Cook and his crew were guinea pigs in a vital exper­i­ment to test the Vitamin C diet for the pre­ven­tion of scurvy.  They were to include citrus fruits or juices and greens (even pickled greens like sauerkraut) in their diet.

He was ordered to Tahiti for the transit of Venus, then to sail south to con­firm the exist­ence of the Great Southern Continent.  His instruc­tions were to cul­tiv­ate friendly rela­tions with the inhab­it­ants of the Pacific islands.  All other naval ves­sels were to give help to the exped­i­tion and even the Dutch, French and Spanish were told that this was a peace­ful, non-military, import­ant exped­i­tion and should be given safe pas­sage.

The Endeavour sailed from Portsmouth, stopped at Madeira to pick up 3000 gal­lons of Madeira wine, then on towards South America.  They hoped to make land­fall at Rio-de-Janeiro but were regarded with sus­pi­cion and not allowed into port.  Cook ordered the ship to sail south, around Cape Horn and straight across the pacific to Tahiti.  They sailed  7 months without land­fall and arrived in Tahiti more than a week ahead of sched­ule.
This amaz­ing feat showed that James Cook was a master seaman and nav­ig­ator.  It also con­firmed that the anti-scurvy diet (plus the ship’s hygiene routines) worked, because not one crew member had died of scurvy on the voyage.

(Cook had some dif­fi­culty in get­ting the crew to keep to the diet.  They did not like sauerkraut and would not eat it, so he ordered it to be part of the officers’ daily diet but made it avail­able to the crew if they wanted it.  Once the crew thought that it was “officer food”  that they were miss­ing out on, they began to eat it even if they didn’t like it.  Cook’s exper­i­ence as an ordin­ary seaman had paid off!)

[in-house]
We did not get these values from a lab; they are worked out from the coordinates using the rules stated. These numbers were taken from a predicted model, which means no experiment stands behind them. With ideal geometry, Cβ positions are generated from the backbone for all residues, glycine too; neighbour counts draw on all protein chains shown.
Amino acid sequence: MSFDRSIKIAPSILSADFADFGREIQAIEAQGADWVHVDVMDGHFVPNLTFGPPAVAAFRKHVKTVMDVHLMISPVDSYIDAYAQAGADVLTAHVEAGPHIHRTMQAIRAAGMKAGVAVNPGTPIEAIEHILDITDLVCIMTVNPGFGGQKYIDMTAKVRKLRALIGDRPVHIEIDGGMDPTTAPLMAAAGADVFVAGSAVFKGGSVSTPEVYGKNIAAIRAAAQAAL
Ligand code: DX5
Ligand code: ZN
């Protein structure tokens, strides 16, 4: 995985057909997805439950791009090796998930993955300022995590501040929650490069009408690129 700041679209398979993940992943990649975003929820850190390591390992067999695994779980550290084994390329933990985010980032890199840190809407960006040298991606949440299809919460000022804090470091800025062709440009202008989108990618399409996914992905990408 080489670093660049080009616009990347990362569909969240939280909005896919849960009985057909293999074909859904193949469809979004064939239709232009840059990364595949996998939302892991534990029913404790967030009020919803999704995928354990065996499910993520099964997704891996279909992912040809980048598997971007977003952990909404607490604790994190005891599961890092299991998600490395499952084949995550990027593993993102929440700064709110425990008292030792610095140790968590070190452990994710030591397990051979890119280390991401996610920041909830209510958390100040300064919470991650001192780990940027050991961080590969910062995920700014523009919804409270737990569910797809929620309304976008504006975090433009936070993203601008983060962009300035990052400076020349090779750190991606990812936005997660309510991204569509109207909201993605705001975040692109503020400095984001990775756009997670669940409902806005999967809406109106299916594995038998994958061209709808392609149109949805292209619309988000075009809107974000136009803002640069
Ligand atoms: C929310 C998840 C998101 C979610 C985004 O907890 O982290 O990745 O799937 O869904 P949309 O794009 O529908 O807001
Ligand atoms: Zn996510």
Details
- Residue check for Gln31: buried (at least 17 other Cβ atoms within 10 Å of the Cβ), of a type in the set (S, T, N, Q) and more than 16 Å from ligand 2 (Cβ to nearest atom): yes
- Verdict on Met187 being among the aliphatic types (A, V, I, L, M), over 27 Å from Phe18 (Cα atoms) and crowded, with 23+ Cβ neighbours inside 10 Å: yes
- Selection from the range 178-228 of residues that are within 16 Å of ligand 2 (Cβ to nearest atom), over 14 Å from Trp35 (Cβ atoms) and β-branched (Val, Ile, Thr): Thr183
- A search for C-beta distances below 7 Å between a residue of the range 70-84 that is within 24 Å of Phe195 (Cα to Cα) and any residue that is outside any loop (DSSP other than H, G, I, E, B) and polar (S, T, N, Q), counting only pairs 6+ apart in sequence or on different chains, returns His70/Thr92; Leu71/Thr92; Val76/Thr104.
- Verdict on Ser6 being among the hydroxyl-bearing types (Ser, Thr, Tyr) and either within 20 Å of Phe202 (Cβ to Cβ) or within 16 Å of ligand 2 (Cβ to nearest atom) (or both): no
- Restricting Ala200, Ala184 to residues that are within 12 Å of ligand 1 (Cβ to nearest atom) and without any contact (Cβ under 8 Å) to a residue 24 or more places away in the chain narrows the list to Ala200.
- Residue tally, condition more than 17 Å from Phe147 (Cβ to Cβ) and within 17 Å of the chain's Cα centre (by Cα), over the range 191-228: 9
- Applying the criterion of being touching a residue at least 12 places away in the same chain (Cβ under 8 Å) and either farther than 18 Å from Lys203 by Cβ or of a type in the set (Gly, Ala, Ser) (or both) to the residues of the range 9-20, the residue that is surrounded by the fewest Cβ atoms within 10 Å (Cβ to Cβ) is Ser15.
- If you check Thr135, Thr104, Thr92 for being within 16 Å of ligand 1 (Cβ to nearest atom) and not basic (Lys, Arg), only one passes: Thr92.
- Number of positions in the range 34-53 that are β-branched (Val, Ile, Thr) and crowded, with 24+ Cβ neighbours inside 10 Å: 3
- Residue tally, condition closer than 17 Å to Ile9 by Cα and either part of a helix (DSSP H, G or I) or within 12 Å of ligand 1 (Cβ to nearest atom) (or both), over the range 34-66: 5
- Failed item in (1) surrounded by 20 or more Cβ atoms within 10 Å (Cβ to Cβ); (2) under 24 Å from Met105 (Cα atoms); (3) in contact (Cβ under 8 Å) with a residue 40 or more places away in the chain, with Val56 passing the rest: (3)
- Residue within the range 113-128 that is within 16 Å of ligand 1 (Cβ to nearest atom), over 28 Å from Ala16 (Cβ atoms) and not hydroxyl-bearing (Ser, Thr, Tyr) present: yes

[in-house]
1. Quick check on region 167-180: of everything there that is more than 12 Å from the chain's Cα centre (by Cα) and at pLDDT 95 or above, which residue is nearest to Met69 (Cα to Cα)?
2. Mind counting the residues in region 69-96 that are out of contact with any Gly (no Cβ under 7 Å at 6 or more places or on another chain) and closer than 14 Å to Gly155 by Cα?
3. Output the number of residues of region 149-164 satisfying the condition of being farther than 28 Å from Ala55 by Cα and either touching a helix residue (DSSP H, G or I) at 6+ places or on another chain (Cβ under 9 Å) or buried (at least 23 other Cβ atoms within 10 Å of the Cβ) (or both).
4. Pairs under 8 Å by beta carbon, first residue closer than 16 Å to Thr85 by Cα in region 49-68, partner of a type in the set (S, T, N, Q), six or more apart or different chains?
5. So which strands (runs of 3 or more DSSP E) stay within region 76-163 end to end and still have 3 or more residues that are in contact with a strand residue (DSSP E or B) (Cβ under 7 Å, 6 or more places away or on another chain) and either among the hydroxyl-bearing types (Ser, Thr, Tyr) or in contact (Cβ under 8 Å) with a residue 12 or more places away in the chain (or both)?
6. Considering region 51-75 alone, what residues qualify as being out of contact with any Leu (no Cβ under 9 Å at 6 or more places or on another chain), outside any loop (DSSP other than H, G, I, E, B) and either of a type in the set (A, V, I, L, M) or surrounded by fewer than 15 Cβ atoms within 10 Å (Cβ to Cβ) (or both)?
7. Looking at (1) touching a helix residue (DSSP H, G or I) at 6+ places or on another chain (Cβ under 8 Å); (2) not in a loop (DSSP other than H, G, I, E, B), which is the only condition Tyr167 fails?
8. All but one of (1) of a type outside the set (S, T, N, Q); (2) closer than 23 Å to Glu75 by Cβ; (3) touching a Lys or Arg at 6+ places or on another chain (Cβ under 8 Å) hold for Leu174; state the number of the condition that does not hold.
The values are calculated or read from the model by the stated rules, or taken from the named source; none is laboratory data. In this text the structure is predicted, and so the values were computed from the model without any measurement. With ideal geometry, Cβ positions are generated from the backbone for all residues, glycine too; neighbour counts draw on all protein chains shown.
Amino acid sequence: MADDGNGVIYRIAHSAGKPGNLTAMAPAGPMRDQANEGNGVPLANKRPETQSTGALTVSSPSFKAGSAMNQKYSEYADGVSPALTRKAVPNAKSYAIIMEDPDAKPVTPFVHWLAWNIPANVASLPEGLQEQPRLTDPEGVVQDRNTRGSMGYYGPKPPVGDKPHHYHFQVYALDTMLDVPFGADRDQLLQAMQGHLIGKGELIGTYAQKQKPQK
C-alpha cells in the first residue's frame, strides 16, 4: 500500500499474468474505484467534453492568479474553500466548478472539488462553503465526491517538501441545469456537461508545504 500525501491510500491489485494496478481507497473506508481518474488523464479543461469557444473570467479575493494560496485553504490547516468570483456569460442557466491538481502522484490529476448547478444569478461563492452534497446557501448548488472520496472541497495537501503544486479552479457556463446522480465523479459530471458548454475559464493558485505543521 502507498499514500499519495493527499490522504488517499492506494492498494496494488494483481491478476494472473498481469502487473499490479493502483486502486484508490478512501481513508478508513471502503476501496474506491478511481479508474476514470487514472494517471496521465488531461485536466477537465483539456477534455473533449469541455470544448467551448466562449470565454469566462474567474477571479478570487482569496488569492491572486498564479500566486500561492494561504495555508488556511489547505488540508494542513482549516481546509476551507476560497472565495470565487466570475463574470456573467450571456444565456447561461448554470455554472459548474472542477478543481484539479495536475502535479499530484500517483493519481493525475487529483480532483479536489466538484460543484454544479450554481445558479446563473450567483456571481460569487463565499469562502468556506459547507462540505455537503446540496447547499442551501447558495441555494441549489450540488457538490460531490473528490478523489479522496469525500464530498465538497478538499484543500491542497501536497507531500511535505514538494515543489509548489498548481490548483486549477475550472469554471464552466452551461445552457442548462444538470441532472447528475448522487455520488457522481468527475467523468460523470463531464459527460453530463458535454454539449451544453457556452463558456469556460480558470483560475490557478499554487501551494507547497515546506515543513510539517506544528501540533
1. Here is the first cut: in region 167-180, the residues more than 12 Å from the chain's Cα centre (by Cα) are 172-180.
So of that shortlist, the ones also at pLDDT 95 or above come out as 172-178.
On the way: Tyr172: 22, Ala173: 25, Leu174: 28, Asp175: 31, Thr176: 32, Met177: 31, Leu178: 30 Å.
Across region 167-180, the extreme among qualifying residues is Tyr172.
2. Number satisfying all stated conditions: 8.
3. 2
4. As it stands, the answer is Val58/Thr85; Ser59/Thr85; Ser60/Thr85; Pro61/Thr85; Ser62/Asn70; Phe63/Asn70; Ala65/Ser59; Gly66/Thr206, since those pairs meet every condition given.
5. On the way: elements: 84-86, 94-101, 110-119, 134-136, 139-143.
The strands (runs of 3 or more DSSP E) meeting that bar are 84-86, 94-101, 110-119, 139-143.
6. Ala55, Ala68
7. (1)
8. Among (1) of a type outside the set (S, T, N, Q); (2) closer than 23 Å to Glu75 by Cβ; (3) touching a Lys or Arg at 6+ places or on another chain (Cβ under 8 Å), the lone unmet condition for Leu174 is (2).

Cook landed the tech­nical party  and Bank’s group on Tahiti.  A small crew of Marines was landed to build a stock­ade.  This was not because the Tahitians were unfriendly – in fact they were too friendly!  The women were beau­ti­ful, only half dressed and their cul­ture regarded sexual activ­it­ies as recre­ational.  Cook did not want his crew to be on land for too long as he was very con­cerned about VD because a sick crew member cannot stand his watch.
The ship lost almost all its stock of iron nails because metals were non-existent on Tahiti
and metals became valu­able trad­ing mater­i­als among the islanders, and could be used by the crew to buy sexual favours.  Also, there was no concept of per­sonal prop­erty among the islanders so any­thing left unguarded tended to dis­ap­pear.

The tech­nical party made good sight­ings of the transit of Venus, but Cook was not pleased with his own.
On 13th April 1769  the Endeavour left Tahiti and sailed south into very cold con­di­tions but did not find the ‘Southern Continent’, so they sailed west to New Zealand.  The Maoris were viol­ent and chal­lenged, killed and ate anyone who landed.  They landed away from danger and the bot­an­ists col­lec­ted many spe­ci­mens that were very valu­able when they got home.  Cook sur­veyed the coasts of New Zealand then went west to Australia and sur­veyed the coast from the south to the north (but did not find Sydney Harbour!!)
Endeavour ran aground on the Barrier Reef and the crew had to throw over­board 50 tons of cargo to keep afloat.  They strapped a sail under the keel and limped into Endeavour River for repairs.  They made it to Jakarta where the Dutch refit­ted the ship.
Cook sent copies of his charts of New Zealand and Australia to the Admiralty from Batavia.
His reports on the voyage and the botan­ical spe­ci­mens were abso­lutely invalu­able to the RS, the Natural History Museum, Kew Gardens etc.